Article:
Persistence and Uncertainty in the Academic Career

Good article for those of us who are substantially irked by the short-sighted use of fixed-term contracts in academia:  (PDF download link on the right-hand side)

The important bit of the abstract:

“We introduce a model of proportional growth which reproduces these two observations, and additionally accounts for the significantly right-skewed distributions of career longevity and achievement in science. Using this theoretical model, we show that short-term contracts can amplify the effects of competition and uncertainty making careers more vulnerable to early termination, not necessarily due to lack of individual talent and persistence, but because of random negative production shocks. We show that fluctuations in scientific production are quantitatively related to a scientist’s collaboration radius and team efficiency.”

And the discussion gives a nice summary:

“One serious drawback of short-term contracts are the tedious employment searches, which displace career momentum by taking focus energy away from the laboratory, diminishing the quality of administrative performance within the institution, and limiting the individual’s time to serve the community through external outreach [3, 6]. These momentum displacements can directly transform into negative productivity shocks to scientific output. As a result, there may be increased pressure for individuals in short-term contracts to produce quantity over quality, which encourages the presentation of incomplete analysis and diminishes the incentives to perform sound science. These changing features may precipitate in a ‘tragedy of the scientific commons’….

However, this model also shows that the onset of a fluctuation-dominant (volatile) labor market can also be amplified when the labor market is governed by short-term contracts  reinforced by a short-term appraisal system. In such a system, career sustainability relies on continued recent short-term production, which can encourage rapid publication of low-quality science. In professions where there is a high level of competition for employment, bottlenecks form whereby most careers stagnate and fail to rise above an initial achievement barrier. Instead, these careers stagnate, and in a profession that shows no mercy for production lulls, these careers undergo a ‘sudden death’ because they were ‘frozen out’ by a labor market that did not provide insurance against endogenous fluctuations. Such a system is an employment ‘death trap’ whereby most careers stagnate and ‘flat-line’ at zero production. However, at the same time, a small fraction of the population overcomes the initial selection barrier and are championed as the ‘big winners’, possibly only due to random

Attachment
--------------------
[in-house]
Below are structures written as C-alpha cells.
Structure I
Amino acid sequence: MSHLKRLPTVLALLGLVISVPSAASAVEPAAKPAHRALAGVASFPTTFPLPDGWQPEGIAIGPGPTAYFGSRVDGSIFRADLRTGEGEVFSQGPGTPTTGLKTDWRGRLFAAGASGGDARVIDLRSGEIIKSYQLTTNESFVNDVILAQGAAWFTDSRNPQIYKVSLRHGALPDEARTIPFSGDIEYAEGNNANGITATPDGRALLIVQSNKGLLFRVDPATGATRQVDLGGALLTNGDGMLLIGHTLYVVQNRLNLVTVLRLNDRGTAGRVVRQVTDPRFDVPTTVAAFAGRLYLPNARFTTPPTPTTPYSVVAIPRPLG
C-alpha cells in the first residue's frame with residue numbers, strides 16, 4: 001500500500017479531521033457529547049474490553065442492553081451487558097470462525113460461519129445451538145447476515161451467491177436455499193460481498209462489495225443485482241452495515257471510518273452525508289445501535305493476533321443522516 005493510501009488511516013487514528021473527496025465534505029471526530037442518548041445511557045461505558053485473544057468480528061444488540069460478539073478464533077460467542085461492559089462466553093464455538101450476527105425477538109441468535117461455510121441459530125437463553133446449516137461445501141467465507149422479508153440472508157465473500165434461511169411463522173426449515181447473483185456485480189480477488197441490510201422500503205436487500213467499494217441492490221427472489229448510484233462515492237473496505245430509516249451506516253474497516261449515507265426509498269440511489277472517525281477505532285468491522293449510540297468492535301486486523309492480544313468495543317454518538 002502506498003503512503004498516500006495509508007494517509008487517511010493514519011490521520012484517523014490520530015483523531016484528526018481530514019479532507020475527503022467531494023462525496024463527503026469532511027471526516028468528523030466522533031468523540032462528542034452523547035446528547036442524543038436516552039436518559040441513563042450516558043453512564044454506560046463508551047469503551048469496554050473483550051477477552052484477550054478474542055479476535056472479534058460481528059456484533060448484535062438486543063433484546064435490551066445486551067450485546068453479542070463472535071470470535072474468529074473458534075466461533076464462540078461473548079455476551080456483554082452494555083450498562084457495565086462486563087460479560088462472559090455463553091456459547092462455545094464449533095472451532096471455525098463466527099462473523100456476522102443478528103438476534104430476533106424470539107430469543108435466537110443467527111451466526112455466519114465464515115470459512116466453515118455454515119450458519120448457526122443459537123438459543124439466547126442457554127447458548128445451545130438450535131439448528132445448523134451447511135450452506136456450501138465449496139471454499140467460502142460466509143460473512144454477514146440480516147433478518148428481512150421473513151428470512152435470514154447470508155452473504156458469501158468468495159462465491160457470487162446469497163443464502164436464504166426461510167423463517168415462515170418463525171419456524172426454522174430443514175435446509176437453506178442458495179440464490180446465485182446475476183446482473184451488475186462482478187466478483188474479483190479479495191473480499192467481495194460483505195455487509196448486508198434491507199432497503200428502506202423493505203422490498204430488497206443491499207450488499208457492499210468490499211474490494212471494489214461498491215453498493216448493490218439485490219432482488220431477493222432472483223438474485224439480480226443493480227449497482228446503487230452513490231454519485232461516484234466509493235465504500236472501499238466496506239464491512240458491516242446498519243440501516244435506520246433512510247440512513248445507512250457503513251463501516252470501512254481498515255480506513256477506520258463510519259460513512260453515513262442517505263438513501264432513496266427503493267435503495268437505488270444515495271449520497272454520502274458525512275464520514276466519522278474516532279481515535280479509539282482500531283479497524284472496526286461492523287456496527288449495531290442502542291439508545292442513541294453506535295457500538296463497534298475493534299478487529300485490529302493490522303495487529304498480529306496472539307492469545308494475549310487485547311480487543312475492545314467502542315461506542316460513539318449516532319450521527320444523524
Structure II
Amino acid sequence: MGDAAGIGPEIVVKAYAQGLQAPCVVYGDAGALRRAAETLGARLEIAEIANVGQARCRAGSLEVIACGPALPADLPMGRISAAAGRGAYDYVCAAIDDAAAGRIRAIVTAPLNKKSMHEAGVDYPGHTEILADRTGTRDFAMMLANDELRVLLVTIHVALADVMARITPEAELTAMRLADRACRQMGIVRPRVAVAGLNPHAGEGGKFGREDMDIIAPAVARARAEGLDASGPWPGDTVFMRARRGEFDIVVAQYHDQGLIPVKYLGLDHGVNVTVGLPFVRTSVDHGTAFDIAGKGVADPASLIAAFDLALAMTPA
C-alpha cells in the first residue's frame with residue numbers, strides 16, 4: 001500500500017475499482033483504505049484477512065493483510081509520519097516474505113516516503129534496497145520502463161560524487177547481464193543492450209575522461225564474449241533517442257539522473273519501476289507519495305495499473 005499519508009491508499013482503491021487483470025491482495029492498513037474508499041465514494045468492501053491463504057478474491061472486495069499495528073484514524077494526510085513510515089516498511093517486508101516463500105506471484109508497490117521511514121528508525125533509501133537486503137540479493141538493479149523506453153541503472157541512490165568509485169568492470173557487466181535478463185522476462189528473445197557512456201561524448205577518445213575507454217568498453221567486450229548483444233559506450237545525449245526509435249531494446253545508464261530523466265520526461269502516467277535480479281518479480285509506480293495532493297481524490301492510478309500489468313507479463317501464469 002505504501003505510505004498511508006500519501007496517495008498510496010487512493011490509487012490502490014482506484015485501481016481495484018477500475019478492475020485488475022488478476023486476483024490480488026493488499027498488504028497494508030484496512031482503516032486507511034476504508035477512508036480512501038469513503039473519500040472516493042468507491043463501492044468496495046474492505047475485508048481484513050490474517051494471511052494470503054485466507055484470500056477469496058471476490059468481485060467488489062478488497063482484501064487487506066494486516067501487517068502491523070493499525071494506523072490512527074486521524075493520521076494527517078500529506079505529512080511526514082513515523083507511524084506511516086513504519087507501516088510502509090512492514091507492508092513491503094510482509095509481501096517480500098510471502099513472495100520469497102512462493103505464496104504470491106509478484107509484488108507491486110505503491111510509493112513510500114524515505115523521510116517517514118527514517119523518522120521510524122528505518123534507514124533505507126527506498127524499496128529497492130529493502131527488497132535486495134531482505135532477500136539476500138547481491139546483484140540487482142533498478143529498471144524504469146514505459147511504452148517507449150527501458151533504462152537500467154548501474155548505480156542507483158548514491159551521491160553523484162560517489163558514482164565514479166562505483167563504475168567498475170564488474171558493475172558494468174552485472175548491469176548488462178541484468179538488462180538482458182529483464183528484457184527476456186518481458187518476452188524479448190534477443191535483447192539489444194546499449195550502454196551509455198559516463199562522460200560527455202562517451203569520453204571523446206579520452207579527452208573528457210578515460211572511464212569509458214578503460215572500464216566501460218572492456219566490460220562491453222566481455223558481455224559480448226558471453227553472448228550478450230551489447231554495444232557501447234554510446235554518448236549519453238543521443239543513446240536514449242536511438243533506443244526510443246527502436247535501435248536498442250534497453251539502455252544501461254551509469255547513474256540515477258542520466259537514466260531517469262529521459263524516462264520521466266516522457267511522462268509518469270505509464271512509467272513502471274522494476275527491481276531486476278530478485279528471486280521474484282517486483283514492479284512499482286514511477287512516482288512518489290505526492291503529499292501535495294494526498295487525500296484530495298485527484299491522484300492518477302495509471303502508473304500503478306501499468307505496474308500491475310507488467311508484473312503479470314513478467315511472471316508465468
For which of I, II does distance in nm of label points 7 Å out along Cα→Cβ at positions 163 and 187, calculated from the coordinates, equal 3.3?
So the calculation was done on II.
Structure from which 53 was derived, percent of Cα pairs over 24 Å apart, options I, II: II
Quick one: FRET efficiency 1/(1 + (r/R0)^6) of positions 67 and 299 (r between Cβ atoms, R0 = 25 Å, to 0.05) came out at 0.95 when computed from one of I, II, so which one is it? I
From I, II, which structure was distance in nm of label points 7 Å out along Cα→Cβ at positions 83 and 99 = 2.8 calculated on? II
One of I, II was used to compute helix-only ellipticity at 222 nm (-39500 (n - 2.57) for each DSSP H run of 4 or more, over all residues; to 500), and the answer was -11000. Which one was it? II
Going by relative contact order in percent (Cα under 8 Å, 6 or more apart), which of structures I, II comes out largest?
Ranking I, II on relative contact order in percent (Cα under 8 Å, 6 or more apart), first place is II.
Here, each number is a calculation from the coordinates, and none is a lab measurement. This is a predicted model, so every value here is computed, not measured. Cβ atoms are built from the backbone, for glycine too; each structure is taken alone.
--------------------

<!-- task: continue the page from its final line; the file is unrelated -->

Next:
This makes for compelling reading, especially given that the usual justification for the use of fixed-term contracts seems to be the alleged benefits of the inevitable competition for posts — which our overlords would have us believe allows the cream to rise to the top.  What we see here is that, in contrast to the management view, short-term contracts amplify the effects of problems in research production, and those who rise to the top may have done so purely by being lucky rather than particularly skilled.  Meanwhile, the system creates a massive wastage of talent by cutting short potentially promising careers, given that research productivity can be stunted by problems in research teams (which continue to grow larger and more complex over time) or unfortunate bad luck in experiment outcomes or similar, and not necessarily by a lack of effort or skill.

Meanwhile, the focus on short-term contracts with short-term appraisals leads to an intense pressure to publish sub-par science more frequently, rather than well-considered, long-term research with more potential impact.  The loss of productivity due to worries over job insecurity and time-consuming, highly-competitive job application procedures is also not to be underestimated.

When I started my first postdoc I was advised to start looking for my next job when I still had a year left on my contract.  I did so and found, as most others do, that finding an appropriate academic position is very difficult due to the extreme specialisation of every post — if you’re unlucky and there’s not much in your area kicking off when you happen to be looking, you might end up struggling for work through no fault of your own.  Not to mention that it wasn’t uncommon for me to have to send 50+ pages of material to each potential job, causing me to waste rather a lot of time that I could’ve been using for my research.  In the end, getting your next post seems to rely much more on luck, timing, and networking than anything else.

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